My work as Cold War Steve began as a coping strategy following years of alcoholism and a complete breakdown. Making a photomontage is still very much a therapeutic process for me. I feel so fortunate that I am able to channel my despair at world events into my art. My greatest fear for some time has been the rise of the far-right – which seems to have coincided with the Brexit referendum result and election of Donald Trump. In the UK we have a Conservative government describing refugees as an “invasion” and Gaza peace protestors as “hate marchers”. It is clear that in an effort to cling to power, the Tories are attempting to divert people’s attention away from their own ineptitude and corruption by making people angry with minorities; taken straight from the fascist playbook, blame the people at the bottom for the problems created by the people at the top.

This is a hugely significant year on both sides of the Atlantic. I have longed to break America… I mean if ‘A Flock of Seagulls’ can do it, then surely I can, right? US politics fascinates me and Trump has been a regular in my work since I began. I will be ramping up my United States output as the year progresses toward the Presidential elections. The rematch of Biden vs Trump is straight out of a Bosch triptych. The contest for leader of the free world is between an increasingly doddery Joe Biden and the narcissistic, sociopathic insurrectionist that is Donald Trump. USA, I’m coming to save you.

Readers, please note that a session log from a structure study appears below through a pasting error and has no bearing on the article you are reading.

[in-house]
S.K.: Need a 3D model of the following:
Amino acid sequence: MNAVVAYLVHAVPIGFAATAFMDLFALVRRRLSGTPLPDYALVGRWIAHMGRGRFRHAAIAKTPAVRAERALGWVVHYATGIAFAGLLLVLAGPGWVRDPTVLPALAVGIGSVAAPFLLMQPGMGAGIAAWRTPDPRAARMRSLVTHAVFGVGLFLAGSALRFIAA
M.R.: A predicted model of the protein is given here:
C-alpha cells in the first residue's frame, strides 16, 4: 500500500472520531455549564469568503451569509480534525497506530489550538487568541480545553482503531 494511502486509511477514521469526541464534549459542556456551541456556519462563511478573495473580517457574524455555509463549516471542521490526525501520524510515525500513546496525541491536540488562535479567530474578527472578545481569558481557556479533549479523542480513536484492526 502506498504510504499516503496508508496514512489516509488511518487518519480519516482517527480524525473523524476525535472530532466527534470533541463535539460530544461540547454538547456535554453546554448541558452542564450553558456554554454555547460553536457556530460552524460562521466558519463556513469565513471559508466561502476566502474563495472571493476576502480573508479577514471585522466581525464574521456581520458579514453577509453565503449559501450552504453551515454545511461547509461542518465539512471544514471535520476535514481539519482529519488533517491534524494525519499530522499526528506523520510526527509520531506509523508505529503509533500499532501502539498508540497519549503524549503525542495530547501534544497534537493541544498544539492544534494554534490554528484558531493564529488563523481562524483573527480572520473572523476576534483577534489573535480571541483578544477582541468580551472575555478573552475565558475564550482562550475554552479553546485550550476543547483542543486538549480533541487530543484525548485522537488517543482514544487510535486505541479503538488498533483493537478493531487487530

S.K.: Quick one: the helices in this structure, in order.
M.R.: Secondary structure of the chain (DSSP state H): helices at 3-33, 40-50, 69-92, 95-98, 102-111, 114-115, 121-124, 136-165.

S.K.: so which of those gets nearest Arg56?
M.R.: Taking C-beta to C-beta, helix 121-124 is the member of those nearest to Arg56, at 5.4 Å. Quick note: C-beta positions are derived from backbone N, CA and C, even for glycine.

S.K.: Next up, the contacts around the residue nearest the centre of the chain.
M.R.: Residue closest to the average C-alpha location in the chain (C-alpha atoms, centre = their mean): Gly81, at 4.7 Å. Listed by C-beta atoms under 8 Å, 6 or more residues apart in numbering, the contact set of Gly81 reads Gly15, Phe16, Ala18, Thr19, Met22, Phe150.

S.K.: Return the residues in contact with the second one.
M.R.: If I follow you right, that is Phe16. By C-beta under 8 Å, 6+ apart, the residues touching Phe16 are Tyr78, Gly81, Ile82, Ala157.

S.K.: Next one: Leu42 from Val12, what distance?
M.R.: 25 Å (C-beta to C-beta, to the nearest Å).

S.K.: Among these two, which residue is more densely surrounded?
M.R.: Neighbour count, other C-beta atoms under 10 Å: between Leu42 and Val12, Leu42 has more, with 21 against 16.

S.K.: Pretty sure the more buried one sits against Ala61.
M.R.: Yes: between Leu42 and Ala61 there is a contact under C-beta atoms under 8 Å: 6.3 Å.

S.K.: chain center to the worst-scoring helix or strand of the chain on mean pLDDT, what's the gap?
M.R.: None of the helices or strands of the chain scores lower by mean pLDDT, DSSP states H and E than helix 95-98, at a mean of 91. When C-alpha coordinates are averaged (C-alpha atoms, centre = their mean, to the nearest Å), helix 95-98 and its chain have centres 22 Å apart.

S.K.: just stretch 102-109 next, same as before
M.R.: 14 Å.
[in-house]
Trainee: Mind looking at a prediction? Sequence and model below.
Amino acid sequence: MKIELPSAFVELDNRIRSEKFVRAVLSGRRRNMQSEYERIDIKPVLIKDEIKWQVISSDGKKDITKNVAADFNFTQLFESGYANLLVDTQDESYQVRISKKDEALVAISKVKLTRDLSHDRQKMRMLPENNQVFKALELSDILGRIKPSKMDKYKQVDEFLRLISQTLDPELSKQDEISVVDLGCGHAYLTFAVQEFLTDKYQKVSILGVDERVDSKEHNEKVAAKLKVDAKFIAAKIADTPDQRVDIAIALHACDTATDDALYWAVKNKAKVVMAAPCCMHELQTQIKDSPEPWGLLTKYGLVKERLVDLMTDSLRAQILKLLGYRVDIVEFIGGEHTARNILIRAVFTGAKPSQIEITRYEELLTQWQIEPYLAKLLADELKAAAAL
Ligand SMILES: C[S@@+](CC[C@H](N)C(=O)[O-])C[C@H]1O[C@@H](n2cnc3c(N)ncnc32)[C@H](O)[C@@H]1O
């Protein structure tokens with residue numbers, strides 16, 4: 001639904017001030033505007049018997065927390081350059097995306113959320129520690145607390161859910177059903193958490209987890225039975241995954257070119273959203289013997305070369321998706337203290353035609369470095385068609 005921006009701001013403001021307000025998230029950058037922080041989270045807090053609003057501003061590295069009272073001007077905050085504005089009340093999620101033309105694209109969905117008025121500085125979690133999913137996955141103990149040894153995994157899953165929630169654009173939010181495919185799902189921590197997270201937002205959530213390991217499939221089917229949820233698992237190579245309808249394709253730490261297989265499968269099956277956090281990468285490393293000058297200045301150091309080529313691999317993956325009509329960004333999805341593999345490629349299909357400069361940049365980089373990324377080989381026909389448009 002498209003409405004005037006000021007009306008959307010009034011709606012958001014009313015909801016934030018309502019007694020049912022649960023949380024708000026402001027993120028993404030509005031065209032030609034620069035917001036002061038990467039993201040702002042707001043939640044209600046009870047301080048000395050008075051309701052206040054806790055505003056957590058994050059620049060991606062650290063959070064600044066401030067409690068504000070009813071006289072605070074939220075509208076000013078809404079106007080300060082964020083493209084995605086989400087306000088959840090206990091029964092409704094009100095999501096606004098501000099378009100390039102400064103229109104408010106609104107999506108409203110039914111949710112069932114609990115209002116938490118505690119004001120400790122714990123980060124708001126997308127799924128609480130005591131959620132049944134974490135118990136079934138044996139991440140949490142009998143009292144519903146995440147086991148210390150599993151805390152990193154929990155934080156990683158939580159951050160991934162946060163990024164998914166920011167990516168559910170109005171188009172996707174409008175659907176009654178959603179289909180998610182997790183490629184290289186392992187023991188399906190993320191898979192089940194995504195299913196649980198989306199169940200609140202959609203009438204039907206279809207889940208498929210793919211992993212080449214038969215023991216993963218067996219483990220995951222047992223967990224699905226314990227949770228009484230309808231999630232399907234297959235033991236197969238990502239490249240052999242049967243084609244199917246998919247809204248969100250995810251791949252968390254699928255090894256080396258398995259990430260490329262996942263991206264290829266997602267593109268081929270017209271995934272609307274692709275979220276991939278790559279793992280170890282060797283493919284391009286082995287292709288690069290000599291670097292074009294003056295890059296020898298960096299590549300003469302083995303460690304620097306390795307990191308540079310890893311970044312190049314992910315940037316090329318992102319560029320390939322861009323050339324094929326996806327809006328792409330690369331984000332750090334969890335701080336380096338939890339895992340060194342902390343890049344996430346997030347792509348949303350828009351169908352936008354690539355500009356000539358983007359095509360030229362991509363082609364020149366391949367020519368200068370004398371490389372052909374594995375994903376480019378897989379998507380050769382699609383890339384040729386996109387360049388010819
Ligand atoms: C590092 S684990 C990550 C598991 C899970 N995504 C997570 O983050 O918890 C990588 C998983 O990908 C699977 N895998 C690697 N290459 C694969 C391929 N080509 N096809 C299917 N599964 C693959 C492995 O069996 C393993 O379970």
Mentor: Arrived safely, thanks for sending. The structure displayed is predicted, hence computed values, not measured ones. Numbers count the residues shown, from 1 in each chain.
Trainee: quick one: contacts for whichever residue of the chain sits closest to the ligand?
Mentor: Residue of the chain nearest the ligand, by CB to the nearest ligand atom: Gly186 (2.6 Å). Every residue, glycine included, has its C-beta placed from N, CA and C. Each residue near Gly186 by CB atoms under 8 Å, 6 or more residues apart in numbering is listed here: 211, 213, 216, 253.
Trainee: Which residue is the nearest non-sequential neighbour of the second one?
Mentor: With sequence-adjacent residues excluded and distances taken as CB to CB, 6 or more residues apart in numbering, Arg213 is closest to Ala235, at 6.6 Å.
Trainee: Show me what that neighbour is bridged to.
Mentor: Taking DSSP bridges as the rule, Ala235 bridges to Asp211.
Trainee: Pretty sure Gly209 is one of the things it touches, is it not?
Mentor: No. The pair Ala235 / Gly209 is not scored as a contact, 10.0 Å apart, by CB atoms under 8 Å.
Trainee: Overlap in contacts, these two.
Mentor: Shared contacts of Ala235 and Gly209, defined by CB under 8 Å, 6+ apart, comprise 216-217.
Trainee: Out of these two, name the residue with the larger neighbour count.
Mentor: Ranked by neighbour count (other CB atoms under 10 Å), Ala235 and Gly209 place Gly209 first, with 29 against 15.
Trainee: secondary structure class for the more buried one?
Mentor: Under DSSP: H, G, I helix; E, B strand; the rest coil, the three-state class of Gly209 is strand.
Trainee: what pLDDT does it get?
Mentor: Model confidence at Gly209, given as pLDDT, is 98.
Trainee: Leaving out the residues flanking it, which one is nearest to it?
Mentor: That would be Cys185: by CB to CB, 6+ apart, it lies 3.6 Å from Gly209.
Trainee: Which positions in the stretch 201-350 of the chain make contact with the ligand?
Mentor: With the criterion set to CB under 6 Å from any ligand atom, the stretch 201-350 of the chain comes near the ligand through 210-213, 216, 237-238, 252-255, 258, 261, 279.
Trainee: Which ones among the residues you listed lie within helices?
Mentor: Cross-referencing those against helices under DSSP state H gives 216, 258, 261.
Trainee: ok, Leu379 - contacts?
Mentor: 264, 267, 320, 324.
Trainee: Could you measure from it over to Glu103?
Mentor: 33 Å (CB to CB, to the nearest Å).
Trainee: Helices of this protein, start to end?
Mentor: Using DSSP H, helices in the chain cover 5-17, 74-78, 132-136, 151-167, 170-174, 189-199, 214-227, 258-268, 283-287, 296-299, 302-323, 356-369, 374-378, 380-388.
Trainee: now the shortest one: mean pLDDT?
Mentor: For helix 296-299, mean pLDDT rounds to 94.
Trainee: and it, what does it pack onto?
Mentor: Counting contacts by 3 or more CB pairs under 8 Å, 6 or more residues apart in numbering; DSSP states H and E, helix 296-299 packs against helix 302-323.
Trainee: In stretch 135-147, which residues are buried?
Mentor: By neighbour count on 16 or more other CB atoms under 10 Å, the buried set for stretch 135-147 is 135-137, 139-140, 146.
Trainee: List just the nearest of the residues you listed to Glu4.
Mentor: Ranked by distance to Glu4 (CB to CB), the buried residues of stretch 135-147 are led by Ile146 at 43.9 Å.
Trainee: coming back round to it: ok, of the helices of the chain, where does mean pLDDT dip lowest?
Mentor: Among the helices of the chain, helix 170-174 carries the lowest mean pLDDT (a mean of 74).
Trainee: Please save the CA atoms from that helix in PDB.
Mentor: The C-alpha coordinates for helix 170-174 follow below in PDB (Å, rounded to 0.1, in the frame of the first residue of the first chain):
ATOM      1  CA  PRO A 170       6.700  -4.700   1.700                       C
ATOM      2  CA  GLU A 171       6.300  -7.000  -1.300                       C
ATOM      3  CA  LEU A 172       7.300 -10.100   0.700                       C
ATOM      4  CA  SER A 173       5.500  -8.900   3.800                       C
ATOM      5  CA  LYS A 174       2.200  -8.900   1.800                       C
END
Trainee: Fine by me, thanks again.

Cold War Steve is the pen name of collage artist and satirist Christopher Spencer. From the Wealth edition of New Philosopher, which can be purchased here.